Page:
“In our humanitarian activities, we make efforts in the areas of relief, education, medical assistance, vocational training and others. We seek to make a positive impact on the lives of the people impacted by conflict.
“This is a continuous journey. We consider this an important duty and are very passionate about running a sustained philanthropic exercise.”
His efforts in sustaining his philanthropic work is matched by his efforts in sustaining his core business, with short-term plans including “consolidation of our automotive business, scaling up on the retail and distribution verticals, and expanding the hospitality asset portfolio”.
Tantalisingly, he adds the group “will be also considering opportunities in the technology space”. We wait for further details.
An ideal base
No matter what’s yet to come, one thing that’s certain is that it will be built on sound foundations. And a big contributor to those foundations is the UAE itself.
“The UAE is an outstanding destination as a platform to create a central hub for businesses,” says Aboud, who has been able to spread GAG’s wings across the globe from its base in Jebel Ali.
“The market reach in terms of time and geography is unmatched, providing access for businesses to markets outside the UAE in the Middle East and Africa. The proximity to the sub-continent is another obvious advantage.
“The system is geared to meet the requirements of businesses that are looking to set up a base in the UAE and then scale their products to outside markets.”
All this, he argues, makes it the perfect place for entrepreneurs to launch their businesses. And having trod this particular path himself – meeting with great success along the way – what advice would Aboud give to young entrepreneurs seeking to make their way in the business world?
“As a young entrepreneur it is important to learn the intricate details of business activities and then try to innovate. To be able to deliver better service to the customers, beyond their expectations,” he says.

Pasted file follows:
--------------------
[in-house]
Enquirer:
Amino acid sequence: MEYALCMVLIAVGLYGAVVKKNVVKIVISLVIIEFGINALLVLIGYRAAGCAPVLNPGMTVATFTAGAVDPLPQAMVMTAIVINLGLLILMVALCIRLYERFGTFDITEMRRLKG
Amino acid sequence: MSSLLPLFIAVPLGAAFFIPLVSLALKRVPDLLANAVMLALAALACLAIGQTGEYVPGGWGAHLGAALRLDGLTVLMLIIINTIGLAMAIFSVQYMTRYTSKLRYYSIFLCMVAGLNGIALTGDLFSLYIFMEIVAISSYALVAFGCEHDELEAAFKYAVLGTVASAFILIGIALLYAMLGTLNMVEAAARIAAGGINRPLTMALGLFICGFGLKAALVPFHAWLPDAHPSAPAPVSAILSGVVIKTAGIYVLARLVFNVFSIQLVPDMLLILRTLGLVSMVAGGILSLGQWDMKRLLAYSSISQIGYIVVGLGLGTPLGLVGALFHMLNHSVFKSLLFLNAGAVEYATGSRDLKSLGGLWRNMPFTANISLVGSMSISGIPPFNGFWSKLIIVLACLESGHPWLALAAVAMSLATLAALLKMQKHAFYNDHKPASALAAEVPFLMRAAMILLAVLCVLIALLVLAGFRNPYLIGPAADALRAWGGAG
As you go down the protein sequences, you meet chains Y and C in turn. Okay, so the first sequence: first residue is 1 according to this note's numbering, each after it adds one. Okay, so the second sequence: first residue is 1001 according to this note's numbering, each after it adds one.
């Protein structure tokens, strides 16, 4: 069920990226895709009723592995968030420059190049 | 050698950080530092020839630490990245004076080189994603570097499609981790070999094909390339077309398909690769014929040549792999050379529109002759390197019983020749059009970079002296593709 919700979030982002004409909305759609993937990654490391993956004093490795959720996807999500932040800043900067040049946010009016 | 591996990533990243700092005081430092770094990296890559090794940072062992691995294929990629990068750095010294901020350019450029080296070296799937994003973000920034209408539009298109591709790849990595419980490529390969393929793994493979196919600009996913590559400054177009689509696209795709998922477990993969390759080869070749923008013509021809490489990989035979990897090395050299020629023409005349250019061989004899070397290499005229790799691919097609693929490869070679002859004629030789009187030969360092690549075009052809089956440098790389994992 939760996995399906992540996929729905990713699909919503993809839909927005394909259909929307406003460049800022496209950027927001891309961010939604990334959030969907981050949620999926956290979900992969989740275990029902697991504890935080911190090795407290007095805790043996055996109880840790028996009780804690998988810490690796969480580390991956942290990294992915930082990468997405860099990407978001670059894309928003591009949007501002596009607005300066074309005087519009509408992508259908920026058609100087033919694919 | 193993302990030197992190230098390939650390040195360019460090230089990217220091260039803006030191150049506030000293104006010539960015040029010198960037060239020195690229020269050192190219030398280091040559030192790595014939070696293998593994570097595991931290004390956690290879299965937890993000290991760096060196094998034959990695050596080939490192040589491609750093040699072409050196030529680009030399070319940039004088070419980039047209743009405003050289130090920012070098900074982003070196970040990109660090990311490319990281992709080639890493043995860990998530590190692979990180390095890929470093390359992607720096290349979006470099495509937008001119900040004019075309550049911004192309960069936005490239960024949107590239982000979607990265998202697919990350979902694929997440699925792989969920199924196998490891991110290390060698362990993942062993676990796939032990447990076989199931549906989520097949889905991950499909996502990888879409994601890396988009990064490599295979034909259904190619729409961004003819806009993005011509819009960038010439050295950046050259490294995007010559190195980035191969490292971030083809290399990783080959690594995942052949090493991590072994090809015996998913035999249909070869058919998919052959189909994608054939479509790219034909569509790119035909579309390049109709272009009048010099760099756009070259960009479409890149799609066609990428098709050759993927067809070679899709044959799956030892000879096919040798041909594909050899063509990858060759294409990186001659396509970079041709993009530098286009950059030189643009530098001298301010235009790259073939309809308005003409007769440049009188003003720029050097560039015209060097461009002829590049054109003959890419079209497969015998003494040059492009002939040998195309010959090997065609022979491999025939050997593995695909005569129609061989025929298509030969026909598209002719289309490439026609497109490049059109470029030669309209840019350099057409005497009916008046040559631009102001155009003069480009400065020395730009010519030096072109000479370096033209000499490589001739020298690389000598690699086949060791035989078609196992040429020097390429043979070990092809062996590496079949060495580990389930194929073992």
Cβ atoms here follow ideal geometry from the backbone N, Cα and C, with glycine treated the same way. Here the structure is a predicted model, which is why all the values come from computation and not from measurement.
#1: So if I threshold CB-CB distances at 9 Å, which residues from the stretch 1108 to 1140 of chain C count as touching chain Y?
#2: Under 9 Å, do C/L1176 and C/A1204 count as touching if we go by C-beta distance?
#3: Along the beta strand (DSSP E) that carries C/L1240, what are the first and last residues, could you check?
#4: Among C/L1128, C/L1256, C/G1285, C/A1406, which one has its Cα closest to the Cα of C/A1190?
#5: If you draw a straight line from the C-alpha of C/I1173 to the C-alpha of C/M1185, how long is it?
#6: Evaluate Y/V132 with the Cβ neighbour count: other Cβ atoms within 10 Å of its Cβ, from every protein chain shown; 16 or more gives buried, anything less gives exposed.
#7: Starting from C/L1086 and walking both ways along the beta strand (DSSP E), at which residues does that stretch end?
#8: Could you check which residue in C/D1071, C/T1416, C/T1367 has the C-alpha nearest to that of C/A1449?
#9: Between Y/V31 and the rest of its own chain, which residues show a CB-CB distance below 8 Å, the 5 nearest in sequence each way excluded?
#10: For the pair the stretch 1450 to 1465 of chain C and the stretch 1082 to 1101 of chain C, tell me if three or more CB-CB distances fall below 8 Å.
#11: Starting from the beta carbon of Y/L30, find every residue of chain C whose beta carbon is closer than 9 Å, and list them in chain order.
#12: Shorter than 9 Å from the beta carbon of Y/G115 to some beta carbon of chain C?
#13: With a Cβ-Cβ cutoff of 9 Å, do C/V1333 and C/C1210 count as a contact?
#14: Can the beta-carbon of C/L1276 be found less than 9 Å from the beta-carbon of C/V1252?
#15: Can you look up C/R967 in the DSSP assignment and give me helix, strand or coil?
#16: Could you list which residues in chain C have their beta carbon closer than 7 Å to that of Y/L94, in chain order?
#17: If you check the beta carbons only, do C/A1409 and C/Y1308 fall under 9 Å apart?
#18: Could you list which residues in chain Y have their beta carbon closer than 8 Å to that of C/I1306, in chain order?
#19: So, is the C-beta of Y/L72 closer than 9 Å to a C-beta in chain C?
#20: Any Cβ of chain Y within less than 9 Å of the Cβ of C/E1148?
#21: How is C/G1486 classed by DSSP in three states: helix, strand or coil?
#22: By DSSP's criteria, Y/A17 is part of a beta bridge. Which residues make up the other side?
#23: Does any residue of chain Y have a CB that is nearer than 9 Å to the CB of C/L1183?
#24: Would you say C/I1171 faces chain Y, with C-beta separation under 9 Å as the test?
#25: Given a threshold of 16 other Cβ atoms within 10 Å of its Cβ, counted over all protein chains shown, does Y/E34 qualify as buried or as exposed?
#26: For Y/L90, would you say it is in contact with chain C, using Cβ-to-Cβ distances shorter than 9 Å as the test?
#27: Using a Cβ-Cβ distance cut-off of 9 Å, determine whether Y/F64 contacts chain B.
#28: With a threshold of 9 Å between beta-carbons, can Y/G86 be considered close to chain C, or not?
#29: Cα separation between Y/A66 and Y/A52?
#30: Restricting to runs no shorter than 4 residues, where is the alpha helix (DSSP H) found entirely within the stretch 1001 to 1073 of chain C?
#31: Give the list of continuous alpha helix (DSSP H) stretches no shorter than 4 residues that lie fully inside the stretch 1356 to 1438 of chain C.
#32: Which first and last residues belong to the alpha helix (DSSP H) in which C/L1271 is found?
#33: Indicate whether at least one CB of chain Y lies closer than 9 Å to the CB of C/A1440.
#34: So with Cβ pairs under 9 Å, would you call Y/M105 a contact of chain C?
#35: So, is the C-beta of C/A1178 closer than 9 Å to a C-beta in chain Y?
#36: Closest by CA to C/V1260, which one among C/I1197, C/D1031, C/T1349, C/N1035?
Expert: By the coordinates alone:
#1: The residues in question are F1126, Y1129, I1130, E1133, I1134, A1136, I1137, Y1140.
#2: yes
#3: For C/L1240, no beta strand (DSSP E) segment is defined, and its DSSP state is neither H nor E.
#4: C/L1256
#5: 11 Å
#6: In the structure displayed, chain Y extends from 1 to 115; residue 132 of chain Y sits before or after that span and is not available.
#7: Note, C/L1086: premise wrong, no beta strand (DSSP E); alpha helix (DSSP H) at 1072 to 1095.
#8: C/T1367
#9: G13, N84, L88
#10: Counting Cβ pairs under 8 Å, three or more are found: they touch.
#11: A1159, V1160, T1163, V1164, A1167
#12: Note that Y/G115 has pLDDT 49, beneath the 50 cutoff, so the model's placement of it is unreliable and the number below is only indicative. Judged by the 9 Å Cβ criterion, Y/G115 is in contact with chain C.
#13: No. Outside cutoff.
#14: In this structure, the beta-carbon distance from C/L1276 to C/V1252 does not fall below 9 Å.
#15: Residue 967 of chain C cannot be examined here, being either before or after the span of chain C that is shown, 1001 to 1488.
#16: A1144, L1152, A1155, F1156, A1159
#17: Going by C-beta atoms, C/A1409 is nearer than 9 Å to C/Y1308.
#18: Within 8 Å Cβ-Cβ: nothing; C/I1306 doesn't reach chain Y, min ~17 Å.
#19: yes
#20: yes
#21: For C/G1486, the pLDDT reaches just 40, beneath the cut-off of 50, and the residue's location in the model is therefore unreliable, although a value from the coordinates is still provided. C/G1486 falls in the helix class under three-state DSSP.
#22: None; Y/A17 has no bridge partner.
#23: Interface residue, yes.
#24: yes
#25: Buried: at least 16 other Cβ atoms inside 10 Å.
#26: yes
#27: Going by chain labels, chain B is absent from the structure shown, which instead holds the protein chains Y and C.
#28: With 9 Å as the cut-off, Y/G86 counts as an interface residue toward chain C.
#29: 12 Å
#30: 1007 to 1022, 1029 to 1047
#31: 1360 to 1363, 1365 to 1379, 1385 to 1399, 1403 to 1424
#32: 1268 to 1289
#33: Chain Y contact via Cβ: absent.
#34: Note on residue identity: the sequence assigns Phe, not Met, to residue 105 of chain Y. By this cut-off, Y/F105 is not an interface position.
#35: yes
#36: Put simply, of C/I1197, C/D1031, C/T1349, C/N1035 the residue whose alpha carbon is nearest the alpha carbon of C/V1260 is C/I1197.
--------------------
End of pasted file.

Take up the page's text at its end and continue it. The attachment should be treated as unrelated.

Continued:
“The other thing I would suggest is to build business relationships that can last long. Finally, be ethical and straightforward in business dealings, and take your social responsibility seriously.”
Looking at the region’s current market, Aboud also suggests that entrepreneurs and investors in particular be shrewd when exploring new opportunities.
“The GCC market has been going through a challenging time for quite a while now – longer than previous cycles. This has created a lot of uncertainty in the minds of consumers and investors. However, investors fail to realise that this may be an opportune time to remodel their businesses to suit the changing landscape.
“Entrepreneurs with a longer-term vision and financial capability will try to sustain through these tough times, and also spot opportunities that may arise at attractive valuations.”
Here again is that voice of experience, coming from a man who has been there and done that in the past quarter century.
And with so many successes already under his belt in the business world, one wonders whether it gives Aboud pause for thought over his day-to-day involvement with the group that bears his name.
“Presently, I do not have any imminent plans to step down,” he says, cutting short any suggestions to the contrary.
“I am still interested in being part of the group’s plans and activities.
“However, the companies in the group are well managed by professionals with industry expertise. Therefore, I am perhaps in a position to make this call any time in the future without much effect on the business.”
With the company continuing on its upwards trend, and plans afoot to develop its lines even further, it’s little surprise that Aboud has no plans to dial down his involvement.
Whether he continues for another 25 years is yet to be seen, but what is certain is that the previous 25 have solidified his reputation as one of the UAE’s most successful entrepreneurs. Not a bad journey for that young journalism graduate from Syria.
Original Article: Gulf Business